When Anna found herself pregnant and completely on her own at seventeen, she vowed she would build a dream life for her and her child. After her parents kicked her out, she moved to Seattle, where she found a job at a bakery. Now her child is three years old, and with the support of a couple who have become her surrogate parents, she has almost finished college. Her dream life is almost within reach, but a medical crisis and the unexpected return of her child’s father threaten to tear down everything she has fought so hard to build. Will Anna lose everything she’s ever wanted, or will she finally get to live her dreams?
Age Rating: 18+
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“Anna Johnson?” The professor asks, taking attendance. I lift my head up from my notebook and look him in the eye.
“Present,” I say, raising my hand.
He writes it down, making sure that he doesn't miss anyone.
The class is somewhat boring—economics. But I’m twenty-one and only in my second year of college, so everybody seems to think that I am stupid. Which I am not.
Every student here is nineteen, or twenty at most, but I didn’t have the privilege of studying right away. I had to work to get where I am. To be able to afford college.
I worked double shifts every day for two years before I could register for college and still live somewhat comfortably.
If it wasn’t for my two jobs and the extra shifts, I wouldn’t be here. I work in a little bakery not far from my home; I also do shifts at a cafe on the weekends.
Now that I am in college, they understand that I can’t work every weekend anymore. They respect that, I only have to go in one of the days, and not for the late shift—I do the lunch shift every Sunday.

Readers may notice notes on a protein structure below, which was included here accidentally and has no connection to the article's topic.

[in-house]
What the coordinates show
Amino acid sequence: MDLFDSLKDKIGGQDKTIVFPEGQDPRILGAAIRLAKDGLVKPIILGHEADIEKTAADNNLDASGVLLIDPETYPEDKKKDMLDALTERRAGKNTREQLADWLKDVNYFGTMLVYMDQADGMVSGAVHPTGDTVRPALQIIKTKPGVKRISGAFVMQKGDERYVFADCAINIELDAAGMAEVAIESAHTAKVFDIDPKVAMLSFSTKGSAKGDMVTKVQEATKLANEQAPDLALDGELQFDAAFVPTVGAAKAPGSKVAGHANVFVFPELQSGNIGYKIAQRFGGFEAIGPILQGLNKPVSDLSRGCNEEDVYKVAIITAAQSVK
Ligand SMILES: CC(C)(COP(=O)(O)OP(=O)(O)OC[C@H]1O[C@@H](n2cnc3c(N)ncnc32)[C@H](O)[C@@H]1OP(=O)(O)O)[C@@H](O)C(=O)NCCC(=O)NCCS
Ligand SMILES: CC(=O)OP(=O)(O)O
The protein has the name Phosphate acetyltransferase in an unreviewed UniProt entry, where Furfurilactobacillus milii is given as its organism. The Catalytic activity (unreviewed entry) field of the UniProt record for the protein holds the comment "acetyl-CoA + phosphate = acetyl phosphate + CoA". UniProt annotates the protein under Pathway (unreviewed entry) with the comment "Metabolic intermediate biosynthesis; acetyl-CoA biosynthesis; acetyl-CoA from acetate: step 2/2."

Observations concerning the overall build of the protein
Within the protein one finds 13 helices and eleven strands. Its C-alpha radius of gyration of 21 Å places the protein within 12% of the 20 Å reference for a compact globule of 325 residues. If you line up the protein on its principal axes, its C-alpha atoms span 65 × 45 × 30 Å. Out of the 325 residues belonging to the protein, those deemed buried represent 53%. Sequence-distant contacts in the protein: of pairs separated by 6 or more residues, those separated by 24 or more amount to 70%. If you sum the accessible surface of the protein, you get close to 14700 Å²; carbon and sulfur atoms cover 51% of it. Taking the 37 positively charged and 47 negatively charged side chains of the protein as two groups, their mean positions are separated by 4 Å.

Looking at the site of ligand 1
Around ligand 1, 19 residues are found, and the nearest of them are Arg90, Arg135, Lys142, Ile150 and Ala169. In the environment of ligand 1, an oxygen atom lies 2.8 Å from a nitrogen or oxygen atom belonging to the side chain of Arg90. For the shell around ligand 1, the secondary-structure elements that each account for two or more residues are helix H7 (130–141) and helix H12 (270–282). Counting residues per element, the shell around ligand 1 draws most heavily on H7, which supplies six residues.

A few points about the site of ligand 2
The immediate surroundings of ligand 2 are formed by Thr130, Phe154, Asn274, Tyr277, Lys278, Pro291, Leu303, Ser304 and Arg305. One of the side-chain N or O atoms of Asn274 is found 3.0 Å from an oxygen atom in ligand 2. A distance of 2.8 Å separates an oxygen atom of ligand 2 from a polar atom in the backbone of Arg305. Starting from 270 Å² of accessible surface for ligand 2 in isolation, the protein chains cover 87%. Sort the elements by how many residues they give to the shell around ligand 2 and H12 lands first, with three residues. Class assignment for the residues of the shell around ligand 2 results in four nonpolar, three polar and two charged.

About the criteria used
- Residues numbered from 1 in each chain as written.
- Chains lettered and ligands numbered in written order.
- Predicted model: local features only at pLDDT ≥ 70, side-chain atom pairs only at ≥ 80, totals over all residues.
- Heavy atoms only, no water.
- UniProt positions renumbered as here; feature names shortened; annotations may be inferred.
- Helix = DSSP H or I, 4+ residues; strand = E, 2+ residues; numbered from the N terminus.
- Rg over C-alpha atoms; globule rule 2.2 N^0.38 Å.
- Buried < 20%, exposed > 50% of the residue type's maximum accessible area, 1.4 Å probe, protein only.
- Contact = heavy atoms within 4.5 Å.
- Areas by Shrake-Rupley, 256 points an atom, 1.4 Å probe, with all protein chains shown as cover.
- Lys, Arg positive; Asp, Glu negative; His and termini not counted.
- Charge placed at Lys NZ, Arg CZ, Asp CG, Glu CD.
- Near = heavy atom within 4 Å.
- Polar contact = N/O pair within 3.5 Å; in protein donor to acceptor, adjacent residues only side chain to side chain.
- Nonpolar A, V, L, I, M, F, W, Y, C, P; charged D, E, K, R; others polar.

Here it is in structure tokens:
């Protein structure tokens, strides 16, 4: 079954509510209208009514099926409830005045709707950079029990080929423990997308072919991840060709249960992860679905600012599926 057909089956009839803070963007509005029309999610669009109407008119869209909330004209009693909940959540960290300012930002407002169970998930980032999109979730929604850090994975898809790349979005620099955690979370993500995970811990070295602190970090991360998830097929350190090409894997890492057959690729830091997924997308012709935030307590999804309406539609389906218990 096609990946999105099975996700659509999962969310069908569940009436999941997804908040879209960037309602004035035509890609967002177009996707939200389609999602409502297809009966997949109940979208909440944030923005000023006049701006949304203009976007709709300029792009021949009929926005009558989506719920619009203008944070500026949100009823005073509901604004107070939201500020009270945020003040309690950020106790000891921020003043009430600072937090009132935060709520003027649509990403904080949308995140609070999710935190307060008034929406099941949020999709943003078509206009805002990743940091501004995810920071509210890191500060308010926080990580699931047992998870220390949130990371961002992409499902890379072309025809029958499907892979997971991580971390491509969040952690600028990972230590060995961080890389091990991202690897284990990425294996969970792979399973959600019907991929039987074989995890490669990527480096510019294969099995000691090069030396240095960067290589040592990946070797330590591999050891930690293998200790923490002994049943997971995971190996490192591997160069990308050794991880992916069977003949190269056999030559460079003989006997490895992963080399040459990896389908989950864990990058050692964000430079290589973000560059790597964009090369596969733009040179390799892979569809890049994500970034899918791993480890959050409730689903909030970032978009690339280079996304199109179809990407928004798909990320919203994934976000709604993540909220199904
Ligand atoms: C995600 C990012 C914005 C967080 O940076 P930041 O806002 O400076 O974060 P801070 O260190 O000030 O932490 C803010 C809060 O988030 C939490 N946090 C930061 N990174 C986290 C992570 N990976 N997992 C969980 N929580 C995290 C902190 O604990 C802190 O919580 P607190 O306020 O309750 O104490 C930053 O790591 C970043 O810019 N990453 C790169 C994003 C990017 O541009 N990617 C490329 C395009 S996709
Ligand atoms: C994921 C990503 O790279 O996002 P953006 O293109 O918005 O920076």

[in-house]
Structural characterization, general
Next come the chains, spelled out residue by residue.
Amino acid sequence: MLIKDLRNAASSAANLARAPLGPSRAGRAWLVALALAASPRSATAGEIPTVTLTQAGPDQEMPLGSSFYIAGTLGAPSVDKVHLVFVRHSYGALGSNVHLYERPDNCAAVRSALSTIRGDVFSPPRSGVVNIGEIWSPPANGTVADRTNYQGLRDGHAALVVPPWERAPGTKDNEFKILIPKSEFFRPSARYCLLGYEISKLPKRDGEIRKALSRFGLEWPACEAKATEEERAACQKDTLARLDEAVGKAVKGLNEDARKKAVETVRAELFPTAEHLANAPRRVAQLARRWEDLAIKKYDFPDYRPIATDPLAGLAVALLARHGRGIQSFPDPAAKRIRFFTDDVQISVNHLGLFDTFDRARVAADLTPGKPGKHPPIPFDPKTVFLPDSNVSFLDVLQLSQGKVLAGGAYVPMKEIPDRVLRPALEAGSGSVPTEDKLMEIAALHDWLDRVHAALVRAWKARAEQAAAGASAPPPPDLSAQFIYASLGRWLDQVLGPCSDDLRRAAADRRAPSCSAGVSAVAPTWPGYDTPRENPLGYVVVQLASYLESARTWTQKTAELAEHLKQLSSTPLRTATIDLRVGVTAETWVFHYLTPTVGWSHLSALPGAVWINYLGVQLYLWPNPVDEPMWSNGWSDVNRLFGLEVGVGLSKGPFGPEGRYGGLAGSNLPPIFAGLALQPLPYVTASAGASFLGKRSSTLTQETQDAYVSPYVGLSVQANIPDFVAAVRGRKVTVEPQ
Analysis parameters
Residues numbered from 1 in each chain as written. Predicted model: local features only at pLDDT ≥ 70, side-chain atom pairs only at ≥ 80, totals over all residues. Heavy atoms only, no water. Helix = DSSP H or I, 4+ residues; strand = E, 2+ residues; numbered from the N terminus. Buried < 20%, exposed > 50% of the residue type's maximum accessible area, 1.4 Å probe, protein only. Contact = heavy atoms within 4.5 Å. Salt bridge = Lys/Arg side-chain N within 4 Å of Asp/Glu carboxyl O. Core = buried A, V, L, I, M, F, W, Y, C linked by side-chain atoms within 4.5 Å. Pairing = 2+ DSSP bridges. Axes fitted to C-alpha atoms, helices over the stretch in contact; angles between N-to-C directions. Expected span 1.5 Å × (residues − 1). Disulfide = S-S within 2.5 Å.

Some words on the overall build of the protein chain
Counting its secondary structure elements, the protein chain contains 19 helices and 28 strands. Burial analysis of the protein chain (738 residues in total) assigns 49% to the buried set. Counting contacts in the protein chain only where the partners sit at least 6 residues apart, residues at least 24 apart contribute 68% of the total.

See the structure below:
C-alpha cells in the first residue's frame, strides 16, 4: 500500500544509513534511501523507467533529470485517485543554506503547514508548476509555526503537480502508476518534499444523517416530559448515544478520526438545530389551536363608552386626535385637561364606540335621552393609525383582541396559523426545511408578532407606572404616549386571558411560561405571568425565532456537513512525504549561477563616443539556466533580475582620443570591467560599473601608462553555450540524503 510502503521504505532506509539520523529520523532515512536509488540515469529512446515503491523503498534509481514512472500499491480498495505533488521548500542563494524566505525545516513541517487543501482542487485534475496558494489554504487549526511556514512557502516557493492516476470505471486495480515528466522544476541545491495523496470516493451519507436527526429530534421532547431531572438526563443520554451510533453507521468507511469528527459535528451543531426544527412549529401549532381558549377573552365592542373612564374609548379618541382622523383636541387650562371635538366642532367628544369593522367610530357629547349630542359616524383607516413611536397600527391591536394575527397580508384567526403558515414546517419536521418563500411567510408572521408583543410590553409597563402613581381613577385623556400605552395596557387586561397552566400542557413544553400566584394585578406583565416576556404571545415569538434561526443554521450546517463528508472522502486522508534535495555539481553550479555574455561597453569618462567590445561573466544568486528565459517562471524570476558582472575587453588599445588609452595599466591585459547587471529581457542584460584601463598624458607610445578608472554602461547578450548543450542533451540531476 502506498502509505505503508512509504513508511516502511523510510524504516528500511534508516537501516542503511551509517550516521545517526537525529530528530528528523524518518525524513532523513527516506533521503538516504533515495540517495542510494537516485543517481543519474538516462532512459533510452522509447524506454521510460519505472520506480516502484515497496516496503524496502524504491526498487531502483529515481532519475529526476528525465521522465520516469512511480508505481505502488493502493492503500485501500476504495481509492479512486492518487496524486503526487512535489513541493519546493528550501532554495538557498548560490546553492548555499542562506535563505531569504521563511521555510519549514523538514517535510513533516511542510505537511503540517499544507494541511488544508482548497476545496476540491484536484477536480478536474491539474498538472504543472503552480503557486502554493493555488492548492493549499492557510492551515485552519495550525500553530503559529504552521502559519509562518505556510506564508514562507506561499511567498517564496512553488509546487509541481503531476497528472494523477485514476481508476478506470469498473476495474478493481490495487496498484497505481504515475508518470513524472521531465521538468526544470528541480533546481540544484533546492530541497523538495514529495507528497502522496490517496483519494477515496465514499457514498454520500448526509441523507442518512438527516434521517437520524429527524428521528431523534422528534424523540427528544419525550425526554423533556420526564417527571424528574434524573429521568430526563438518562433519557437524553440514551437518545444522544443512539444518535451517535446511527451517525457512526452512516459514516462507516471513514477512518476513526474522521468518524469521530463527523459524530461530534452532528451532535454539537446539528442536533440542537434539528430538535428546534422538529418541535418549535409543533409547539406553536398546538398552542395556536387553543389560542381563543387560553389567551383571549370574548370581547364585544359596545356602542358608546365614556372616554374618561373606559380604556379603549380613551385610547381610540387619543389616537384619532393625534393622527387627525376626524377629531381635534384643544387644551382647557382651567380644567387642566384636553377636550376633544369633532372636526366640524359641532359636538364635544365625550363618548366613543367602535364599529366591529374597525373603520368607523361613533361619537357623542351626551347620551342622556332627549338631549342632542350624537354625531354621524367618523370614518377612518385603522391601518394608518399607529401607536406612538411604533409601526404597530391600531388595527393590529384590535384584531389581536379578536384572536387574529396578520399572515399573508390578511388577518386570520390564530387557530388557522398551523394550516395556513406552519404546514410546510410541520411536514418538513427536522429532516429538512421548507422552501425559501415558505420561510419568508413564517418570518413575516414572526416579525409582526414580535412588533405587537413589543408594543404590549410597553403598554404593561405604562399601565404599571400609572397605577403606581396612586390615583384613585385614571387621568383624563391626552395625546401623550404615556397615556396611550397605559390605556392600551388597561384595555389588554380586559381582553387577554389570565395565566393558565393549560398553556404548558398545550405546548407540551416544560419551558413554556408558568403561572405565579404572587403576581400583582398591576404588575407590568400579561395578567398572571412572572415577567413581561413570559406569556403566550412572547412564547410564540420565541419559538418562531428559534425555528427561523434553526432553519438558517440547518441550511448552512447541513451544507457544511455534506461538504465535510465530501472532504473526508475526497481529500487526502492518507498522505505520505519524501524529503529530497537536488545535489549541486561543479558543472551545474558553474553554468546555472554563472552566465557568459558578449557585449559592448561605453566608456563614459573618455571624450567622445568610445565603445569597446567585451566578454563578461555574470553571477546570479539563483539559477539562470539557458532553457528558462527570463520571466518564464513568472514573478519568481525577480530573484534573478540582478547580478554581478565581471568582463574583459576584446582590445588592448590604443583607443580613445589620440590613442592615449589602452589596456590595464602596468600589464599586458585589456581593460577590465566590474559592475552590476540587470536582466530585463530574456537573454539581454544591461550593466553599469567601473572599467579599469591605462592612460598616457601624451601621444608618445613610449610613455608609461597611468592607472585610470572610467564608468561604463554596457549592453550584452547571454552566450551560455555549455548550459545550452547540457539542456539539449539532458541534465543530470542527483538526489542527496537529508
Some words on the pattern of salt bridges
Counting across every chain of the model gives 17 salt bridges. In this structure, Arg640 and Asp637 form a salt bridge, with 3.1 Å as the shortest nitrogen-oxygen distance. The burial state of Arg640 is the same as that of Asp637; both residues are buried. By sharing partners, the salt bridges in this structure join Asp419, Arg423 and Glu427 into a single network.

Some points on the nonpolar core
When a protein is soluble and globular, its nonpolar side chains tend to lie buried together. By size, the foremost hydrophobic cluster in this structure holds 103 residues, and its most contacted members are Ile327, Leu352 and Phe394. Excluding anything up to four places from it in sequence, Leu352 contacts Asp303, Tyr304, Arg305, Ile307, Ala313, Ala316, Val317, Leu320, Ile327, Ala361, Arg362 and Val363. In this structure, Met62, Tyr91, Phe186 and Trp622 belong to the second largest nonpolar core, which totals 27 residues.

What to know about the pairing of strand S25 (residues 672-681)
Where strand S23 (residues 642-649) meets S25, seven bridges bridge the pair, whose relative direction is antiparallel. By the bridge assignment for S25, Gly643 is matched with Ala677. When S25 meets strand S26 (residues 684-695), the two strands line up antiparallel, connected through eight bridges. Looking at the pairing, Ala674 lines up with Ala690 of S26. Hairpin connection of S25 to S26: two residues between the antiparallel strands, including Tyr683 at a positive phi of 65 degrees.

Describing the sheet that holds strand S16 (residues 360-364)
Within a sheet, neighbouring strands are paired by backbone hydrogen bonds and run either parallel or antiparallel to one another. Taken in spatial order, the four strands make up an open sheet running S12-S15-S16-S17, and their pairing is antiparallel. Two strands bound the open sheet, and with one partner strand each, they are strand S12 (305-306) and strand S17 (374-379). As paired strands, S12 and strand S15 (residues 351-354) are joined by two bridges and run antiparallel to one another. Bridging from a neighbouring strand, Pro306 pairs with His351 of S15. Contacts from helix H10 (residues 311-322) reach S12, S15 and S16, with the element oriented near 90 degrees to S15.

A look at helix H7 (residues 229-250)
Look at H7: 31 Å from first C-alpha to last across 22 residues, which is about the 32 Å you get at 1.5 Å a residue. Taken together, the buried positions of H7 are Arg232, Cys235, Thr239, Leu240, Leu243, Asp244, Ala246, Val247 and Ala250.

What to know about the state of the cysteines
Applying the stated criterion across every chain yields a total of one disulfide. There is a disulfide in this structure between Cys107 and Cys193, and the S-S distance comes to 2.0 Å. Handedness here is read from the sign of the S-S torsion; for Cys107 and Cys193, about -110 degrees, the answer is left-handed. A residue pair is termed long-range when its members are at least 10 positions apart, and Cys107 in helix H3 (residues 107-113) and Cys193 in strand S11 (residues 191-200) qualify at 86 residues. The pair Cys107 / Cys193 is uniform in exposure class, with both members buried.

It doesn’t pay as much as a night shift, but I don’t need that kind of cash anymore. Well, sometimes I do, but then I just ask for an extra shift. I know that I need this degree if I am going to have a better future.
I still work at the bakery every morning. I start at 5 a.m. and work till nine before heading to school. After school I go back to the bakery and start making the pastries for the next day.
I always knew I was good in a kitchen, and I’m very good with pies and such. This job was what I knew, and the bakery, along with the people who took me under their wing, has saved me on more than one occasion.
As the class goes on and on, I feel the stares of the other students boring holes in my back as I ask questions. Sorry peeps, but I actually want to graduate soon.
You see, I would normally be able to graduate this year.
I only need to take this class and Business 3.1 to get my business degree and graduate. I am not looking forward to this year. I have more classes, which means less time at home.
My beautiful little home. I bought the house for almost nothing as it needed lots of renovations. It’s the reason I bought it in the first place. With some cheap materials and money, I made it into my little home.
Believe me, it isn't much, but with the help of my work at the bakery, I will be able to pay it off.
It had been my boss’s house. They moved into the apartment above the bakery to be closer, and since their kids are all grown they didn’t need that much room anymore.
I only have to pay the same as I had been paying for my apartment each month, and I’m proud to say that I have almost paid them back.
I don’t like charity. I can make it on my own, and that’s why they accepted a reasonable price for the place. Even if they didn’t want to.
“Class dismissed,” says Professor Stanford.
“Anna Johnson, stay behind please.” The oohs fill the room, but I know why he’s asking me to stay.
Let them think I’m in trouble. It will fill their minds with all the gossip they want, since none of them actually know me. They don’t like the fact that I’m older and I don’t socialize.
So if they need gossip to stay away from me, that’s fine by me.
The most hurtful gossip I have heard is that I was in a mental hospital for two years, and that’s the reason I’m only now in school. Like, do I really look that crazy?
I’m just a normal girl with light brown hair with brown eyes. I do have curves, but it’s not like I’m fat.
My eyes are my most attractive feature—the color of them is how you might describe the color of a deer. Very light brown, almost amber.
I never really liked my curves much since they appeared when I was in high school.
In high school, I had been shy. I’d had a hard time because they would tease me about my curves. I have thighs, so what? I had to learn to love my body. At sixteen I didn't have any self-esteem.